Love Covers a Multitude of Sins
People who overlook your inconsistencies and faults are usually the kind of people you call best friends. They are the ones who never judge you unfairly and are quick to accept who you really are. When you are around them, you never feel the need to pretend to be someone you’re not.
Imagine you are part of a group of people who all act that way toward you. And imagine that everyone who is not part of that group is out to get you, ready to find fault and to cause you harm. The recipients of 1 Peter find themselves in this situation. They are being persecuted, they have been scattered from their homes, and they suffer injustice. Near the end of the book, Peter encourages them:
The end of all things is at hand; therefore be self-controlled and sober-minded for the sake of your prayers. Above all, keep loving one another earnestly, since love covers a multitude of sins. 1 Peter 4:7-8
After telling them that the suffering they experience is helping them to cease from sin (4:1) and that this cessation will bring about disdain for them among their neighbors (4:4), Peter exhorts the believers to keep loving one another earnestly. Why? Because love covers a multitude of sins.
Do you have people in your church and life that have a lot of sins? Not just imperfections, but verifiable sins. You do. You have them too. Let’s examine why love can cover these sins.
Love remembers the cross
When we think about the cross, and the love of God in Christ, we must recall its sacrificial nature. When Jesus died, he died as a substitute penalty taker. Instead of God bringing down his eternal wrath upon the believer, he brought it down upon Jesus instead. “In this is love, not that we have loved God but that he loved us and sent his Son to be the propitiation (a wrath bearing or removing sacrifice) for our sins” (1 John 4:10).
This means that your story is one of deserving wrath and justice because of your sin. But God loved you and sent his Son to take it away. Your sins are not considered because they have been removed – in the courtroom of God it is evidence that is inadmissible, it cannot count against you.
So, if the justice and wrath of God has been satisfied for us and for our brothers and sisters in the church, we have no more payment to demand. It has been covered. This, however, does not mean that we fail to love in seeking their repentance or shirk back from church discipline if necessary. Our attitude toward them is not one of exacting payment, but seeking restoration.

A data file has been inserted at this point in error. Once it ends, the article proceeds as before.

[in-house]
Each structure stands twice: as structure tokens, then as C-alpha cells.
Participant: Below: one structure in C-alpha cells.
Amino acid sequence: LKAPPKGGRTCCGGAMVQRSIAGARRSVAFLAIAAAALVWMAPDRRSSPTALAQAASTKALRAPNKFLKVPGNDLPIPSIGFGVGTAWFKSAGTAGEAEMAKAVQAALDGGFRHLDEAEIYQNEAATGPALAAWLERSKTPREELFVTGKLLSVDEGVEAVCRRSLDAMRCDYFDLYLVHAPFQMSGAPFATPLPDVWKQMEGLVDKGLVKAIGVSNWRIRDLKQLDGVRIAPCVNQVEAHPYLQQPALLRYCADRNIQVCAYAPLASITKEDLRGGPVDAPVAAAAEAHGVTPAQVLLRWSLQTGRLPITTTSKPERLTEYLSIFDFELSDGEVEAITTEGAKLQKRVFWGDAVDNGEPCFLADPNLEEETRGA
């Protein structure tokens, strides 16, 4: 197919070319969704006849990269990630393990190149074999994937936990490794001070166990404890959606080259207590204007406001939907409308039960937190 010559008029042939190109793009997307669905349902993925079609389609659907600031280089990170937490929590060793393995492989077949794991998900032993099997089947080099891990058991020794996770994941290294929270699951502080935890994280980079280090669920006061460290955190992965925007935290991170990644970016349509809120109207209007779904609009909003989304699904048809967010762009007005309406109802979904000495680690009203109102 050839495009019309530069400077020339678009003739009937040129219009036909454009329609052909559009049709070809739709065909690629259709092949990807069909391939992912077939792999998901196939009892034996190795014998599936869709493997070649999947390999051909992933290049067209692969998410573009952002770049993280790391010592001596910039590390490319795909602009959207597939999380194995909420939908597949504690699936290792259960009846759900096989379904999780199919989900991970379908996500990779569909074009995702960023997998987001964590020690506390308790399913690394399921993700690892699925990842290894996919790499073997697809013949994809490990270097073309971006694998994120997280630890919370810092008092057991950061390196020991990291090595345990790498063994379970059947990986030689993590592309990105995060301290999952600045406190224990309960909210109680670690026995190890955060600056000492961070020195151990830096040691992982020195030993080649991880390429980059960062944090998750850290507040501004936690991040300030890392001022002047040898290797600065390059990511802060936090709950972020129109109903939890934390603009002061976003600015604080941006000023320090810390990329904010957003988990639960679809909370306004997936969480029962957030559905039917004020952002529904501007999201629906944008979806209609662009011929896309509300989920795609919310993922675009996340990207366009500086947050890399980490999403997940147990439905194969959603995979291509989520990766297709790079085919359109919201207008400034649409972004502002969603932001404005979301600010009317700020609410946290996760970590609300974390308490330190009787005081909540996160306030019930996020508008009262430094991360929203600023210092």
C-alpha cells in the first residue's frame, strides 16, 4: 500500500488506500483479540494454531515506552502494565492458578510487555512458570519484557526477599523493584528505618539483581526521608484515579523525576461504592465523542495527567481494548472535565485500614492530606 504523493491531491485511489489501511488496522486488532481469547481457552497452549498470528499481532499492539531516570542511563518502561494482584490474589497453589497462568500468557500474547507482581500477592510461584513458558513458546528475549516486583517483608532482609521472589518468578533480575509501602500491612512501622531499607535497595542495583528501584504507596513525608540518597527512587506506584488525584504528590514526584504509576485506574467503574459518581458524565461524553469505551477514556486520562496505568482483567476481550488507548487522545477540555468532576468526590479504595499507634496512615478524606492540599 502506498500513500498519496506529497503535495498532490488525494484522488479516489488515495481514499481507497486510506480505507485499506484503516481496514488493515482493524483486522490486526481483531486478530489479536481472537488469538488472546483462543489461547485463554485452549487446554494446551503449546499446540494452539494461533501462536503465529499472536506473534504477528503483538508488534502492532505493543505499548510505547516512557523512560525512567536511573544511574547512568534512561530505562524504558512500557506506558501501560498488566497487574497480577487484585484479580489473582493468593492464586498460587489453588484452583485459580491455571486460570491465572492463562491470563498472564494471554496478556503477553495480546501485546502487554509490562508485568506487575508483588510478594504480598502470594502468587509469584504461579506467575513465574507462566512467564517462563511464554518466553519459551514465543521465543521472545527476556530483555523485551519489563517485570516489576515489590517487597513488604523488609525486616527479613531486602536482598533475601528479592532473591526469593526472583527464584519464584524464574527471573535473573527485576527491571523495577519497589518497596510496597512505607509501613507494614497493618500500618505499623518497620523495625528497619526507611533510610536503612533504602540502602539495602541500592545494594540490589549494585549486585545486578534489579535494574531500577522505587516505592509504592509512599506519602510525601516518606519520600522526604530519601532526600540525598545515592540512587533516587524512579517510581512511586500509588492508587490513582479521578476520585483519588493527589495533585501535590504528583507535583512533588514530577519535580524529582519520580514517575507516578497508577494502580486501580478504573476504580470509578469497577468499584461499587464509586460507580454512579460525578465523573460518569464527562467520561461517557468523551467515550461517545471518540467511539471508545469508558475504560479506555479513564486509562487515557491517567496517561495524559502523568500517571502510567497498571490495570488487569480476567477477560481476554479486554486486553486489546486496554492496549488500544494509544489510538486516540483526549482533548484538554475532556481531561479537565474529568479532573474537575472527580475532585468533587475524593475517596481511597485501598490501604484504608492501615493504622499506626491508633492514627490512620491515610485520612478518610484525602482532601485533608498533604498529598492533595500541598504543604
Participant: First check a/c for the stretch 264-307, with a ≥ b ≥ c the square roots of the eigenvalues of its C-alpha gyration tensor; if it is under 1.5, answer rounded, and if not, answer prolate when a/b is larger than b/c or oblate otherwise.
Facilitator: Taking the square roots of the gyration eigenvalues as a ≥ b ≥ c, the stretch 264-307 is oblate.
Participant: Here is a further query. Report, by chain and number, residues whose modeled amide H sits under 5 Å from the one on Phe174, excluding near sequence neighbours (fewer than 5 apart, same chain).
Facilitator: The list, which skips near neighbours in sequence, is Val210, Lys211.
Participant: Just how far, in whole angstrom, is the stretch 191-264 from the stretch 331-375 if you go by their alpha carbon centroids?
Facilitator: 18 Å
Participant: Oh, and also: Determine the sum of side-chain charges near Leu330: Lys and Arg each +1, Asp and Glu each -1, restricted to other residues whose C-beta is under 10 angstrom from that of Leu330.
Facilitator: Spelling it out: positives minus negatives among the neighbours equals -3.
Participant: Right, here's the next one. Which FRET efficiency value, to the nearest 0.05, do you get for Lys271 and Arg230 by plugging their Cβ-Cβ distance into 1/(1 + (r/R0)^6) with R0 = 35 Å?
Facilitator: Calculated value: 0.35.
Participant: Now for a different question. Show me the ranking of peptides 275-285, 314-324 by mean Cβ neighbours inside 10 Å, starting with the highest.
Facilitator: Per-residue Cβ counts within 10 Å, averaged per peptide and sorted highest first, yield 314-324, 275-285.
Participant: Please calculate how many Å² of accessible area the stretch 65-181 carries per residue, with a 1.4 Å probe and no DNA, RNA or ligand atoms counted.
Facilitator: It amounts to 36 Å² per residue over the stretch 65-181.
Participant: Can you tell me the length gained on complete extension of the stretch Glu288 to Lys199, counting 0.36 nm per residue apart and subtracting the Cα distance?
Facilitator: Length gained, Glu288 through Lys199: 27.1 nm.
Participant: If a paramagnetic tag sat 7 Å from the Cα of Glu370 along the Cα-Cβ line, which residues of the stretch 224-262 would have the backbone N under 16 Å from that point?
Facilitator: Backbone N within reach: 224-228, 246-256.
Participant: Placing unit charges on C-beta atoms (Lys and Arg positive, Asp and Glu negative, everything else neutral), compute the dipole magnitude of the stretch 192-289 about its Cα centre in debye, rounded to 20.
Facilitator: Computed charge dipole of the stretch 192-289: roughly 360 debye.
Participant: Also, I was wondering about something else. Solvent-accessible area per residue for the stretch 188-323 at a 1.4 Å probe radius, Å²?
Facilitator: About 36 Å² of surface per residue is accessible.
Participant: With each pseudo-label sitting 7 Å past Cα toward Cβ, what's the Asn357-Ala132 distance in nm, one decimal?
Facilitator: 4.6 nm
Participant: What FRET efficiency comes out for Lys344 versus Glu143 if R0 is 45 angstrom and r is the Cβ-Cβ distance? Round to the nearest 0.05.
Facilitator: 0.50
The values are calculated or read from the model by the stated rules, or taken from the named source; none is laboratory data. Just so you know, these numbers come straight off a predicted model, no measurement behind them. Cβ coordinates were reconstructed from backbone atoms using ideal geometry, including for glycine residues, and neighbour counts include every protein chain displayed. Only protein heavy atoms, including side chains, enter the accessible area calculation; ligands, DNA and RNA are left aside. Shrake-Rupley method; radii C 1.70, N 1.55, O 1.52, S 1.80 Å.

Love considers Jesus
Jesus was sinned against in greater and more numerous ways than you have ever experienced. What was His response? “When he was reviled, he did not revile in return; when he suffered, he did not threaten, but continued entrusting himself to him who judges justly” (1 Peter 2:23). The default response of Jesus was to cover sin, to bear with it, and to trust God.
When He hung upon the cross He could have threatened the guards with the wrath of a mighty army of angels. When He was spit upon He could have hated them and spat back, or burst out in rage against them. At any point when he suffered He could have responded in a thousand different ways, but he always chose to entrust himself to God rather than retaliate.
Love frees the follower of Jesus to act like Him. When we are concerned less with ourselves when sinned against, we will not repay evil for evil (1 Peter 3:9). Jesus was concerned for the wicked Roman officers who were killing him, rather than His own suffering, because they did not know what they were doing. He was seeking their good as they were seeking His harm.
Likewise, when we concern ourselves with another person’s good, even when they would harm us, we see their needs in such a way that we are motivated to respond in love. Love will cause the woman who rarely has something nice to say to you to become the one you pray for and encourage. Love will teach you not to gossip about the father who is failing with his children, but rather to exhort him with the Scripture about how to repent and change. Love will compel you to forgive the person who has sinned against you again and again, because you have found forgiveness from your sin.